• Current insights into the role of citrullination in thrombosis

    Green, R Madison; Thompson, Paul R (2023-05-04)
    Protein citrullination is a post-translational modification of arginine that controls a diverse array of cellular processes, including gene regulation, protein stability, and neutrophil extracellular trap (NET) formation. Histone citrullination promotes chromatin decondensation and NET formation, a pro-inflammatory form of cell death that is aberrantly increased in numerous immune disorders. This review will provide insights into NETosis and how this novel form of cell death contributes to inflammatory diseases, with a particular emphasis on its role in thrombosis. We will also discuss recent efforts to develop PAD-specific inhibitors.
  • Crystal Structures of Inhibitor-Bound Main Protease from Delta- and Gamma-Coronaviruses

    Zvornicanin, Sarah N; Shaqra, Ala M; Huang, Qiu Yu Judy; Ornelas, Elizabeth; Moghe, Mallika; Knapp, Mark; Moquin, Stephanie; Dovala, Dustin; Schiffer, Celia A; Kurt Yilmaz, Nese (2023-03-18)
    With the spread of SARS-CoV-2 throughout the globe causing the COVID-19 pandemic, the threat of zoonotic transmissions of coronaviruses (CoV) has become even more evident. As human infections have been caused by alpha- and beta-CoVs, structural characterization and inhibitor design mostly focused on these two genera. However, viruses from the delta and gamma genera also infect mammals and pose a potential zoonotic transmission threat. Here, we determined the inhibitor-bound crystal structures of the main protease (Mpro) from the delta-CoV porcine HKU15 and gamma-CoV SW1 from the beluga whale. A comparison with the apo structure of SW1 Mpro, which is also presented here, enabled the identification of structural arrangements upon inhibitor binding at the active site. The cocrystal structures reveal binding modes and interactions of two covalent inhibitors, PF-00835231 (active form of lufotrelvir) bound to HKU15, and GC376 bound to SW1 Mpro. These structures may be leveraged to target diverse coronaviruses and toward the structure-based design of pan-CoV inhibitors.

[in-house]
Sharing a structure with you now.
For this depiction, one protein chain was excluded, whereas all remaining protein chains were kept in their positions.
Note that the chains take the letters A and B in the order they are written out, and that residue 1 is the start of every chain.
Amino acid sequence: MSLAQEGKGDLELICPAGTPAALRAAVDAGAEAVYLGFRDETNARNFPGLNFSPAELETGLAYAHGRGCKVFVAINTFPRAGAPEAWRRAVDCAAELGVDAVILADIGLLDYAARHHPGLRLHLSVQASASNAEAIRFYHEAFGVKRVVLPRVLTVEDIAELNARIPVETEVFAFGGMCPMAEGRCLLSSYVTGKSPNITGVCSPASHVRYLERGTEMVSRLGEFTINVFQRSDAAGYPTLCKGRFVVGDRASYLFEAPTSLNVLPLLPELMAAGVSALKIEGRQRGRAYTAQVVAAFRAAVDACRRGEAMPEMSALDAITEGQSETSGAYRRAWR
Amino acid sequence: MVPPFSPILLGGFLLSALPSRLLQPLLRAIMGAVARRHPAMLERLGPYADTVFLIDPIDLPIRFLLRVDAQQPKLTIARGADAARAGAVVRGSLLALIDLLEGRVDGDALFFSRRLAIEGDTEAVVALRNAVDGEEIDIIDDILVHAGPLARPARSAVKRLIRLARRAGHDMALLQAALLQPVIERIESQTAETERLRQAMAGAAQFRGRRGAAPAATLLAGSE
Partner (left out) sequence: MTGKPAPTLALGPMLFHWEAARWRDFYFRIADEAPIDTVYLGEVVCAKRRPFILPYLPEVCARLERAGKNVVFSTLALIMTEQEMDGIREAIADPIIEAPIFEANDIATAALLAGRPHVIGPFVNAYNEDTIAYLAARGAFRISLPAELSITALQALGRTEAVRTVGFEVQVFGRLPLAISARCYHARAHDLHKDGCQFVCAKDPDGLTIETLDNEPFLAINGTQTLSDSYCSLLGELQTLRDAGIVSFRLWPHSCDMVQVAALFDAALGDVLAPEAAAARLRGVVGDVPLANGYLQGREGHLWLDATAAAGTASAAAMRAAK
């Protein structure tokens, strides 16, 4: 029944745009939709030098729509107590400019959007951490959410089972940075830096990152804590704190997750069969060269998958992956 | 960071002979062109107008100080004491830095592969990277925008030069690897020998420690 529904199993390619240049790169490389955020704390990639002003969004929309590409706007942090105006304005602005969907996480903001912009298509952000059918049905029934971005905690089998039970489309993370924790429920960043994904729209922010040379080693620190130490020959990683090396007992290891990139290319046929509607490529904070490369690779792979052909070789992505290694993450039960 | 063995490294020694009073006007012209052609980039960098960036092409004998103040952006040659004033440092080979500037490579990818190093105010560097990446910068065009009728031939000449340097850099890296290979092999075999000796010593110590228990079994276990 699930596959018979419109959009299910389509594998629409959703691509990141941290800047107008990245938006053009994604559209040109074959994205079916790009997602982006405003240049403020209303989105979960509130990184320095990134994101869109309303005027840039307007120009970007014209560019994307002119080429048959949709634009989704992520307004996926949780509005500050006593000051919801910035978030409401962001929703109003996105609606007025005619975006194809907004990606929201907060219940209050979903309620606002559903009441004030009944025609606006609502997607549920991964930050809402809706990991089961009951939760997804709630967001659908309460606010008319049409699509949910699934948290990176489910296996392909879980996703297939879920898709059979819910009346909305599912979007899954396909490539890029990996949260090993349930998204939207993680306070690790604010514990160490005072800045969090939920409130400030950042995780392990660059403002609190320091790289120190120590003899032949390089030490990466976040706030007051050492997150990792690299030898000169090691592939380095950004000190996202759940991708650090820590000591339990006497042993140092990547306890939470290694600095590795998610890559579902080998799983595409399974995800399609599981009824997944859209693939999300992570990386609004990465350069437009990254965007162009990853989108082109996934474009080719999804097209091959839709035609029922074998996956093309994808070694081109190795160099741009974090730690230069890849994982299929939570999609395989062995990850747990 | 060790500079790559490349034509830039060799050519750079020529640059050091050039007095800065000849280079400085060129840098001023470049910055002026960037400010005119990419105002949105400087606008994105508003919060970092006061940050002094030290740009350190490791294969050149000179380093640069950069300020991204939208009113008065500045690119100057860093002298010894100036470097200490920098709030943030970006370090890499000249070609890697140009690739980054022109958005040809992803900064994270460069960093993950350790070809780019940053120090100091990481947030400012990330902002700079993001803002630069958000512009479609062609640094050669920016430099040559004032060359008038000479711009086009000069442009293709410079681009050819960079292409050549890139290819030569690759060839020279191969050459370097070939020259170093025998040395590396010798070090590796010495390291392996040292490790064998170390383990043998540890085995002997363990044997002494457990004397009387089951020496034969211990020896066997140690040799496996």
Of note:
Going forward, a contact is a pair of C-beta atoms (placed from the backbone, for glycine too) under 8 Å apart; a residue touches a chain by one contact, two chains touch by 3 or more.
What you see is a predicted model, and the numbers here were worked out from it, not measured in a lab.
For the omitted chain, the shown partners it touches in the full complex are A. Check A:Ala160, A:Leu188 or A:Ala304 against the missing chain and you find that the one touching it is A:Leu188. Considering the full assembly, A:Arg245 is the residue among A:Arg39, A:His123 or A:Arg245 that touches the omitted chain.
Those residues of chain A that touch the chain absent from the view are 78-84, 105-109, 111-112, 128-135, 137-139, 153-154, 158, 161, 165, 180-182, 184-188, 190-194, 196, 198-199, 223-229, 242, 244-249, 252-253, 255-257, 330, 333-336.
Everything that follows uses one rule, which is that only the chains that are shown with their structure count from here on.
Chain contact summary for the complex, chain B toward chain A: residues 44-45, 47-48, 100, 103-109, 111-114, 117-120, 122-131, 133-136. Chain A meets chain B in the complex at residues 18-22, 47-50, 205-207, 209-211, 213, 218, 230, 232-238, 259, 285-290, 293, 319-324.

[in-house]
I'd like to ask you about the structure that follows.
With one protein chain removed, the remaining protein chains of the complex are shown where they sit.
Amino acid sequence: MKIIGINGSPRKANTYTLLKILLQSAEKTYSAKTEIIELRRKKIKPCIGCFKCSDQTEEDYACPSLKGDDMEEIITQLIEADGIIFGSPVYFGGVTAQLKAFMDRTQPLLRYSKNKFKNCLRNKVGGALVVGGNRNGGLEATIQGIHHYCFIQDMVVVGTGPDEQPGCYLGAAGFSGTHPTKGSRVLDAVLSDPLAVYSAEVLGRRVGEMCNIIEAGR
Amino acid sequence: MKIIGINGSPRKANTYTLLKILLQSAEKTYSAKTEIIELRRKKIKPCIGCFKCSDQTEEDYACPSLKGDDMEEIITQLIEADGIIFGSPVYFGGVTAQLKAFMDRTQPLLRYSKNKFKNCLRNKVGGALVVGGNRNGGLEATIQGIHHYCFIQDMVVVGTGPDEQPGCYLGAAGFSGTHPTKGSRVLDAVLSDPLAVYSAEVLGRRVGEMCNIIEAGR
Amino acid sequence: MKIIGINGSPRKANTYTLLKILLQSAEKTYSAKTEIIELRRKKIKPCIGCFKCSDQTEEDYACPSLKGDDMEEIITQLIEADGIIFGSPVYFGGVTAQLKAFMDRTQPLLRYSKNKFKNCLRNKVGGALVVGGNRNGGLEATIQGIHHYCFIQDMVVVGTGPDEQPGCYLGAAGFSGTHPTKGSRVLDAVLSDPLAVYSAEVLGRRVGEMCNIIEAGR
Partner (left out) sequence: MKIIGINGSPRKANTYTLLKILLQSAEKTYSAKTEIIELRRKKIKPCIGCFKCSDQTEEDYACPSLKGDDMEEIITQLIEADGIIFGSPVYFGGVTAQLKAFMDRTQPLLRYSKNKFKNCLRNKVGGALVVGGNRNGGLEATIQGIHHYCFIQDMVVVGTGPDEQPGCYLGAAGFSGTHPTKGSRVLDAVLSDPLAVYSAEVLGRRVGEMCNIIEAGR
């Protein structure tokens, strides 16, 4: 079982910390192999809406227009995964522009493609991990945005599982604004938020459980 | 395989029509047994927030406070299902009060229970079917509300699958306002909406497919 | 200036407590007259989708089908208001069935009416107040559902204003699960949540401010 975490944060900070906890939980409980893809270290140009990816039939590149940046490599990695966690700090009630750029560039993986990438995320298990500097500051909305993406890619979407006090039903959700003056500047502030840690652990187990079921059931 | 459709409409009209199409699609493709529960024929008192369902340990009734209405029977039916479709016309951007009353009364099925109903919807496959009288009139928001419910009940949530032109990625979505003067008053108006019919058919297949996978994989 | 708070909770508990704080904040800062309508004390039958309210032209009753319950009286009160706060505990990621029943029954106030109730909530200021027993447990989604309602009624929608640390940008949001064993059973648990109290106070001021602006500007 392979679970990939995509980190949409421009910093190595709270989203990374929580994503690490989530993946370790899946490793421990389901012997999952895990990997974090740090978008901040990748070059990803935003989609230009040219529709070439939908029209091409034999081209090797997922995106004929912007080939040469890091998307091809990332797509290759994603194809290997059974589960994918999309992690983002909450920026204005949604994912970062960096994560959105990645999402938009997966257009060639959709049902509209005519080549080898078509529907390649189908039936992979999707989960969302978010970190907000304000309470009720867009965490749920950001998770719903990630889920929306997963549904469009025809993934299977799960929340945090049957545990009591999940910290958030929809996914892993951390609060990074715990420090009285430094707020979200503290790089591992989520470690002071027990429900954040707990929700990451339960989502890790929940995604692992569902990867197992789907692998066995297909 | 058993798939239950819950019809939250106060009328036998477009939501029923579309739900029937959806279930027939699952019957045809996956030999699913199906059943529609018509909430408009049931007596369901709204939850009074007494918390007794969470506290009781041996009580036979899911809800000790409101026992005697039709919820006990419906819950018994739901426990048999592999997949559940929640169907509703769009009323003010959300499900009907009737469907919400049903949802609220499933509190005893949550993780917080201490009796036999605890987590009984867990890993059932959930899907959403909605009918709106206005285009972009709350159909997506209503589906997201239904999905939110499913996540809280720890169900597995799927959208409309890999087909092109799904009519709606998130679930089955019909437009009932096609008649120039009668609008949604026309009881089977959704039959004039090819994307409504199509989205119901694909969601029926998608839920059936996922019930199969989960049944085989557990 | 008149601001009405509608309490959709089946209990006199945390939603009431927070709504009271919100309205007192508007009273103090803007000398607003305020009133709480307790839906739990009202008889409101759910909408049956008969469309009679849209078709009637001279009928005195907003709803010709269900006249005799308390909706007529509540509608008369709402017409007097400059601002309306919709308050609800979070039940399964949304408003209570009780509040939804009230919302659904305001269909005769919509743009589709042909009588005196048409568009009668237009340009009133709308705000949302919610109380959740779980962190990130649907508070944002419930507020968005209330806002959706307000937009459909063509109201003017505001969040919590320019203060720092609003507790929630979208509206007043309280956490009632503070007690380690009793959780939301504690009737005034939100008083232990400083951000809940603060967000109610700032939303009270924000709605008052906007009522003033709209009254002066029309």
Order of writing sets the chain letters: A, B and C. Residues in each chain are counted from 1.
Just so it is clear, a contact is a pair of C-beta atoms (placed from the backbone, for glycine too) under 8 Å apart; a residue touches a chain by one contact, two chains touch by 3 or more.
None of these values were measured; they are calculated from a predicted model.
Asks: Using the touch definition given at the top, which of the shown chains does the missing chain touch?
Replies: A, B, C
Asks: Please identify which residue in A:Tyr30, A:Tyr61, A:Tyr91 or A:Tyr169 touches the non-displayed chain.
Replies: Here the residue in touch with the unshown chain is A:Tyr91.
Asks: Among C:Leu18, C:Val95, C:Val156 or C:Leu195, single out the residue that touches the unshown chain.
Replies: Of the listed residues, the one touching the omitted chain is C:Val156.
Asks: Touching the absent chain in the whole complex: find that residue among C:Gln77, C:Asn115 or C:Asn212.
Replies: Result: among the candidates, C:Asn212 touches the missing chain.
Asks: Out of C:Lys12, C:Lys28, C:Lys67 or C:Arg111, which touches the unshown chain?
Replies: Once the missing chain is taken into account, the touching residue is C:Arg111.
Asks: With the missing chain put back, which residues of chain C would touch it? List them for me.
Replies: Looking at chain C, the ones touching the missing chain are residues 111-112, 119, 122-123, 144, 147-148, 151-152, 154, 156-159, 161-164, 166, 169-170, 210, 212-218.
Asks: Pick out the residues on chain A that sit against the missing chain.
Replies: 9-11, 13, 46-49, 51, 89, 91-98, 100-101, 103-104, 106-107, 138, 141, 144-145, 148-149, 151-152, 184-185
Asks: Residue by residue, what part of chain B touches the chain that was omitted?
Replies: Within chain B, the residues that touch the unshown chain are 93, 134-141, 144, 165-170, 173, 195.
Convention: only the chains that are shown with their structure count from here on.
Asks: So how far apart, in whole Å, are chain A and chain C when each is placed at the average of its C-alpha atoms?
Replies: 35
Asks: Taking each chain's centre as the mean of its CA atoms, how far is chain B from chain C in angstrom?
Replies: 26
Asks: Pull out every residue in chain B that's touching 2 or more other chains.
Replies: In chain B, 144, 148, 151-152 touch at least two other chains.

• Selection of HIV-1 for resistance to fifth-generation protease inhibitors reveals two independent pathways to high-level resistance

    Spielvogel, Ean; Lee, Sook-Kyung; Zhou, Shuntai; Lockbaum, Gordon J; Henes, Mina; Sondgeroth, Amy; Kosovrasti, Klajdi; Nalivaika, Ellen A; Ali, Akbar; Yilmaz, Nese Kurt; et al. (2023-03-15)